" . . . As honest men it behooves us to learn the
extent of our inheritance, and as brave ones not to
whimper if it should prove less than we had supposed."
Much in the news recently, especially in the Southwest, is the problem of illegal immigration from south of the border. Another frequent subject of media attention is the snowballing Mexican debt and the threat that this nation will not be able to meet its obligations. The two problems—a stagnant economy and the mass exodus northward—are interrelated and show no signs of easy resolution.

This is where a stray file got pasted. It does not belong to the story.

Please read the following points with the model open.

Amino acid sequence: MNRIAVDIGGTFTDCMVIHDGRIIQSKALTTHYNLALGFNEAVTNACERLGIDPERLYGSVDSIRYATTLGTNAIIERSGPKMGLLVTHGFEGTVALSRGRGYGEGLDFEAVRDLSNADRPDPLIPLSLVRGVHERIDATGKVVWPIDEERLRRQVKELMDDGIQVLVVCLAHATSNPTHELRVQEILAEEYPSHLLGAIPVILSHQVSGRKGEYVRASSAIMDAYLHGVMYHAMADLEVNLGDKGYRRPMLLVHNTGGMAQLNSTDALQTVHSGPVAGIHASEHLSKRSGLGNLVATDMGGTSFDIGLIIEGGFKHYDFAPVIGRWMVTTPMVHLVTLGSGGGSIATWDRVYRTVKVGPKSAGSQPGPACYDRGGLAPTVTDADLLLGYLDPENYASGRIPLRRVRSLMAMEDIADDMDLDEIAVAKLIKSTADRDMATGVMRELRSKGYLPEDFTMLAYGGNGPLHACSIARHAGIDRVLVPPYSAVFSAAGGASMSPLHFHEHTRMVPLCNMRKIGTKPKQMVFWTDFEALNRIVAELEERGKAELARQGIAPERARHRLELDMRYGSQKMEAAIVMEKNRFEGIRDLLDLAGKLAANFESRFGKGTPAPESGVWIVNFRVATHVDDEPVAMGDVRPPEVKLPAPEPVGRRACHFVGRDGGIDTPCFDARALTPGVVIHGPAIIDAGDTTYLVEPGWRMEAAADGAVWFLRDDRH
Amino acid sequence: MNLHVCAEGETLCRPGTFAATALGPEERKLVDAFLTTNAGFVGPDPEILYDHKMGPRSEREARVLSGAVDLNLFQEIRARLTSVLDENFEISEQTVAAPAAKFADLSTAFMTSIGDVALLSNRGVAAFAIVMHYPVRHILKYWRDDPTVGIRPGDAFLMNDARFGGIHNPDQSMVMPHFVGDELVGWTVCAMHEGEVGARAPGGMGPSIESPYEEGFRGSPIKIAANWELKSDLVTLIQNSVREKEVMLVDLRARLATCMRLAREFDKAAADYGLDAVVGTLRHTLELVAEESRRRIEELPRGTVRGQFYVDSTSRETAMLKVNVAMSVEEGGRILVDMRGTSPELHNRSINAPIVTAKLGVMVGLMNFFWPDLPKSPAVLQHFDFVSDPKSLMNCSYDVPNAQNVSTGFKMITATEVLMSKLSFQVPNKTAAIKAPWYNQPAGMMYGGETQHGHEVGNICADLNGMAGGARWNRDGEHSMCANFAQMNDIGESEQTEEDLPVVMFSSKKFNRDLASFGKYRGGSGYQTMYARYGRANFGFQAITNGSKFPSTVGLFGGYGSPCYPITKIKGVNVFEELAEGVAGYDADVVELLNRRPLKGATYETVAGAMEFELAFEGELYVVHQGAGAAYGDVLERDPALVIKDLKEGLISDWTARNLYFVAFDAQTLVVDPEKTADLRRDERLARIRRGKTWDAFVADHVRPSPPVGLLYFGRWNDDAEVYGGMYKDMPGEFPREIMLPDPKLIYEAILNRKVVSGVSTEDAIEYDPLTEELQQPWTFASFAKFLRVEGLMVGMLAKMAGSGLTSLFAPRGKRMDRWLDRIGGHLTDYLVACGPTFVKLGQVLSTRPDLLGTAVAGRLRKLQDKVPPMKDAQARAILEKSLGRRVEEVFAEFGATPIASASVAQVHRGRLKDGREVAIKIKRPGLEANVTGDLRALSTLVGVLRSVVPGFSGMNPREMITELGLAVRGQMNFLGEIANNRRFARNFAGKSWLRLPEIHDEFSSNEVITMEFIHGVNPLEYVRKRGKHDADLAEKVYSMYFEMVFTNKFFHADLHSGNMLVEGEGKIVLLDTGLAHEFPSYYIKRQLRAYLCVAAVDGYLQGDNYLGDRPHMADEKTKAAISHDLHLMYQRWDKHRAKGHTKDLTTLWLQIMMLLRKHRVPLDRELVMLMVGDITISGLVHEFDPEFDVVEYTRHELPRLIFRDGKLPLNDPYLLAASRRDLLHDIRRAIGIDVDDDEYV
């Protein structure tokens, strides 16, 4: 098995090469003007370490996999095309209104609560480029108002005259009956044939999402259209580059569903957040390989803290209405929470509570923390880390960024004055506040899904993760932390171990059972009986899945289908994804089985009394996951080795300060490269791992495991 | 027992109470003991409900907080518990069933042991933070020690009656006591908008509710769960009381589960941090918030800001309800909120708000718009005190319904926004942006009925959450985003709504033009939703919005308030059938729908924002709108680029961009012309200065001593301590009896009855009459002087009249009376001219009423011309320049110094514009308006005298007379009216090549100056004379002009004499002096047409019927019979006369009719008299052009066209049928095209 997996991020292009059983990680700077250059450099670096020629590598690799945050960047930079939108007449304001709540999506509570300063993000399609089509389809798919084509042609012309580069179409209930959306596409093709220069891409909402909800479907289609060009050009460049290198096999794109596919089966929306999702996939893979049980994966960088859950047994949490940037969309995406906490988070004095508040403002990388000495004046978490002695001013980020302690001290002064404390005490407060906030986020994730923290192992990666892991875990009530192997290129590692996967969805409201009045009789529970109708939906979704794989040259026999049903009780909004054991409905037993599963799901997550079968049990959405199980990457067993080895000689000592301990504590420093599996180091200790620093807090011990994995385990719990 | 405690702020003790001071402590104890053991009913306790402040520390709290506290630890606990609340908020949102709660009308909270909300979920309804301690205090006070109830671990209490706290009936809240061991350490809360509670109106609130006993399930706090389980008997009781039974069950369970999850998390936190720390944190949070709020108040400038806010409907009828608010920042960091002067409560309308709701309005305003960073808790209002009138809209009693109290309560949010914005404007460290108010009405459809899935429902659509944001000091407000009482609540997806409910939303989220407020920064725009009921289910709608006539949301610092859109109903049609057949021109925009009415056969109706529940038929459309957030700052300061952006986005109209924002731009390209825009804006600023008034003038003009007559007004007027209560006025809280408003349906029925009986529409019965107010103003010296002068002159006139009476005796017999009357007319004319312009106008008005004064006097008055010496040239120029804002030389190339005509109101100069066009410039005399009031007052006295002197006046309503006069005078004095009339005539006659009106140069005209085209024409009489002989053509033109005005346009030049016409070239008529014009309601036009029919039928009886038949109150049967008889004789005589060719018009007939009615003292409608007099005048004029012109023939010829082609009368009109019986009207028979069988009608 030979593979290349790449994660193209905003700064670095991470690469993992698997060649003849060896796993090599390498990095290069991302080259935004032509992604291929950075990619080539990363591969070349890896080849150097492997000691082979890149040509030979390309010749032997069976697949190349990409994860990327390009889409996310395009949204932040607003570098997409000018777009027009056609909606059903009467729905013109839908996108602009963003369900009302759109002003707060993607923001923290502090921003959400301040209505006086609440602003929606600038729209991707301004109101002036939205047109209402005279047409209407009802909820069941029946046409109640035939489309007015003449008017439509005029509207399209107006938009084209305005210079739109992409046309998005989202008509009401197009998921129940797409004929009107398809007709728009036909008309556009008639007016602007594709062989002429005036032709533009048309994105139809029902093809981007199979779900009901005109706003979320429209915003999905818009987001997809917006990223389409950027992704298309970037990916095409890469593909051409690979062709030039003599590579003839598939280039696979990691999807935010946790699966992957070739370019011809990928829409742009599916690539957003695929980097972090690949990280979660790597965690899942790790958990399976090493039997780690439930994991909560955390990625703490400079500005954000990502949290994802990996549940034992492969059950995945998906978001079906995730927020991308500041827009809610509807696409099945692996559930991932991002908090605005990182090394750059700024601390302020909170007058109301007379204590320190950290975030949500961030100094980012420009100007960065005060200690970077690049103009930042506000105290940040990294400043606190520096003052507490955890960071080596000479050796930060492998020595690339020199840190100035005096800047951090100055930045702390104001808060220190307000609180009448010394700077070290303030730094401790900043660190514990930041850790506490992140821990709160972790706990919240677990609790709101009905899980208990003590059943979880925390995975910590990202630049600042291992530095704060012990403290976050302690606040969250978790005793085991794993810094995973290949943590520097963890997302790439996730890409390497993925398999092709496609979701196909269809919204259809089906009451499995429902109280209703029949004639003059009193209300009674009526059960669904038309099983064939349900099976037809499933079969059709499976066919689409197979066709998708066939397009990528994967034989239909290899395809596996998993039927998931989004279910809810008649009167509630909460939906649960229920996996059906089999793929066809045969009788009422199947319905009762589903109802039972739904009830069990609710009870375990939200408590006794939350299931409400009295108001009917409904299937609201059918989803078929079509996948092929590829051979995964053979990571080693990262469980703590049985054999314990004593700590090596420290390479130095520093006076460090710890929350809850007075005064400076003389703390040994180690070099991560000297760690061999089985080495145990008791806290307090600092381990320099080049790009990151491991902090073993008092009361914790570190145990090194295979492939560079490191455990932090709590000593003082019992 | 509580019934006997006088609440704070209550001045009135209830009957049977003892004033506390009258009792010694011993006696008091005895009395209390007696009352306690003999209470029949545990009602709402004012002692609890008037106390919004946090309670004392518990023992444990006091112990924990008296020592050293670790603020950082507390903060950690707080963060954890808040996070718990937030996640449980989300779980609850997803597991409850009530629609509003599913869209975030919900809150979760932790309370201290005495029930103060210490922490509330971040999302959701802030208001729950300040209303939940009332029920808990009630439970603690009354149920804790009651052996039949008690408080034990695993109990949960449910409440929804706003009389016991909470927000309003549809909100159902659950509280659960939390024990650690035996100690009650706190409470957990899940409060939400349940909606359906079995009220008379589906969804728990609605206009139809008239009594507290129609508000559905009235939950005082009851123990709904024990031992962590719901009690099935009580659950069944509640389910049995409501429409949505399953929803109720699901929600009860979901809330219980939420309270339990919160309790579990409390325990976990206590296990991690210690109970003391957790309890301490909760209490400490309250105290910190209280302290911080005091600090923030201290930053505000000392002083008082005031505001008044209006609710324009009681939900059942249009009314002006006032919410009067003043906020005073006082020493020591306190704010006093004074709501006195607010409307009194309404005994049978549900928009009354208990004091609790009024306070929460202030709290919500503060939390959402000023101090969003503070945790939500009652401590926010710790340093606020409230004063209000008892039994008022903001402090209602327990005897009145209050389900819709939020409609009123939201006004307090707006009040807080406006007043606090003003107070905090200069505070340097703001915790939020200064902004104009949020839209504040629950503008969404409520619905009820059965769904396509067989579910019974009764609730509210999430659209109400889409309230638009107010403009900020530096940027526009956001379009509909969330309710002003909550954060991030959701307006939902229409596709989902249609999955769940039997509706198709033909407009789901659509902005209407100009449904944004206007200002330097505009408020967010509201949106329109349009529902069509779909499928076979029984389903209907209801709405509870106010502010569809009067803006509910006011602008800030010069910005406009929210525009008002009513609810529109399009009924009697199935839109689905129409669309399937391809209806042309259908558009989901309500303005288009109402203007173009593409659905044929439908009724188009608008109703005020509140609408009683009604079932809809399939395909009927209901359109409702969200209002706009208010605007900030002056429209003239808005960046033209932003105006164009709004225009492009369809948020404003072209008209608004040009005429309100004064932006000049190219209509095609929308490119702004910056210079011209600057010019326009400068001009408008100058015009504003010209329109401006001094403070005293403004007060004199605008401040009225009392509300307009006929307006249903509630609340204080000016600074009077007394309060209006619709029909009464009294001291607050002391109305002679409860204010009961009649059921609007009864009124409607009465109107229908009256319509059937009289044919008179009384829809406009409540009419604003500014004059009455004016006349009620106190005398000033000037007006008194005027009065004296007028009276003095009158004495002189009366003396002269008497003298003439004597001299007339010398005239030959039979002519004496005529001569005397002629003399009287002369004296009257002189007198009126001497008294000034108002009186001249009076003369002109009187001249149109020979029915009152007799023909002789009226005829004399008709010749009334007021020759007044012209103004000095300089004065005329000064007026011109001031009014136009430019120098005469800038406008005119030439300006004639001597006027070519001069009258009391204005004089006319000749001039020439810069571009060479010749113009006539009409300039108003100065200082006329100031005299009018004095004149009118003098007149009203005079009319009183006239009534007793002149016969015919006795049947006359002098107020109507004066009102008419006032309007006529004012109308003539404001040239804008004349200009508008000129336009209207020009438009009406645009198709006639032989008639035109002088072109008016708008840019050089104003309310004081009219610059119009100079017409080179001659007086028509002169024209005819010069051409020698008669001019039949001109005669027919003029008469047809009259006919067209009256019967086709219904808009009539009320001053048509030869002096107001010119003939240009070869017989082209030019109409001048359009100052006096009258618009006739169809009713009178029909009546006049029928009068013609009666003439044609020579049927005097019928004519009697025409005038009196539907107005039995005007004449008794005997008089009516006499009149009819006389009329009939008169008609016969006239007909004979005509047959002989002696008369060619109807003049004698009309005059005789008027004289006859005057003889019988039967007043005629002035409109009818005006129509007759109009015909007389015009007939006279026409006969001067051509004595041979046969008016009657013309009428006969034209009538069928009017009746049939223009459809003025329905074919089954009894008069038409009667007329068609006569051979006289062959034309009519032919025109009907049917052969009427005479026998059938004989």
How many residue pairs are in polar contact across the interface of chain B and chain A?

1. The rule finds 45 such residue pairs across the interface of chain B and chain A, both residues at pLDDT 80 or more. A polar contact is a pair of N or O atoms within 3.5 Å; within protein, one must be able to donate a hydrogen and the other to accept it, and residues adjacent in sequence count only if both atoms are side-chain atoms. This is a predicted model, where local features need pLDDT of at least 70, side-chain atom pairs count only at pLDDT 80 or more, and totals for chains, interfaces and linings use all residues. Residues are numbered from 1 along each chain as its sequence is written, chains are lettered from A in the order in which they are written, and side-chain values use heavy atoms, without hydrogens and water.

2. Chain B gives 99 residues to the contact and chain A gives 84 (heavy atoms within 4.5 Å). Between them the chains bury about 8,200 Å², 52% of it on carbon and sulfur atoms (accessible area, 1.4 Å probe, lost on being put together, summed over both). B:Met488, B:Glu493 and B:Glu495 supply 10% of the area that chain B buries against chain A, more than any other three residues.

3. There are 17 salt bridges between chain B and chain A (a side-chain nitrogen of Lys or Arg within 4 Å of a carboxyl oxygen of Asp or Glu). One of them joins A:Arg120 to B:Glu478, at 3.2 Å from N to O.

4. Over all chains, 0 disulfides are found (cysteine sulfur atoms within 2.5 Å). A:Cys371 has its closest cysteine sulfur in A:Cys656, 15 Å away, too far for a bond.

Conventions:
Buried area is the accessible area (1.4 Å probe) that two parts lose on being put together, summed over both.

Many of the reporters on Mexico's present financial and social chaos take pains to say that our neighbor would have a far greater ability to handle its debts and its problems had not the United States taken so large a slice of its territory in the war of 1846-1848. The Mexican War, as this conflict is mistakenly called, is pictured as a case of American aggression—what some commentators call "the most disgraceful episode in American history."
Every reader of textbooks about the American experience, from grade school to college level, knows that the United States instigated the war with Mexico in 1846, that James K. Polk deliberately plotted a conflict of aggression against a weak and helpless neighbor to acquire territory he coveted, and that every American...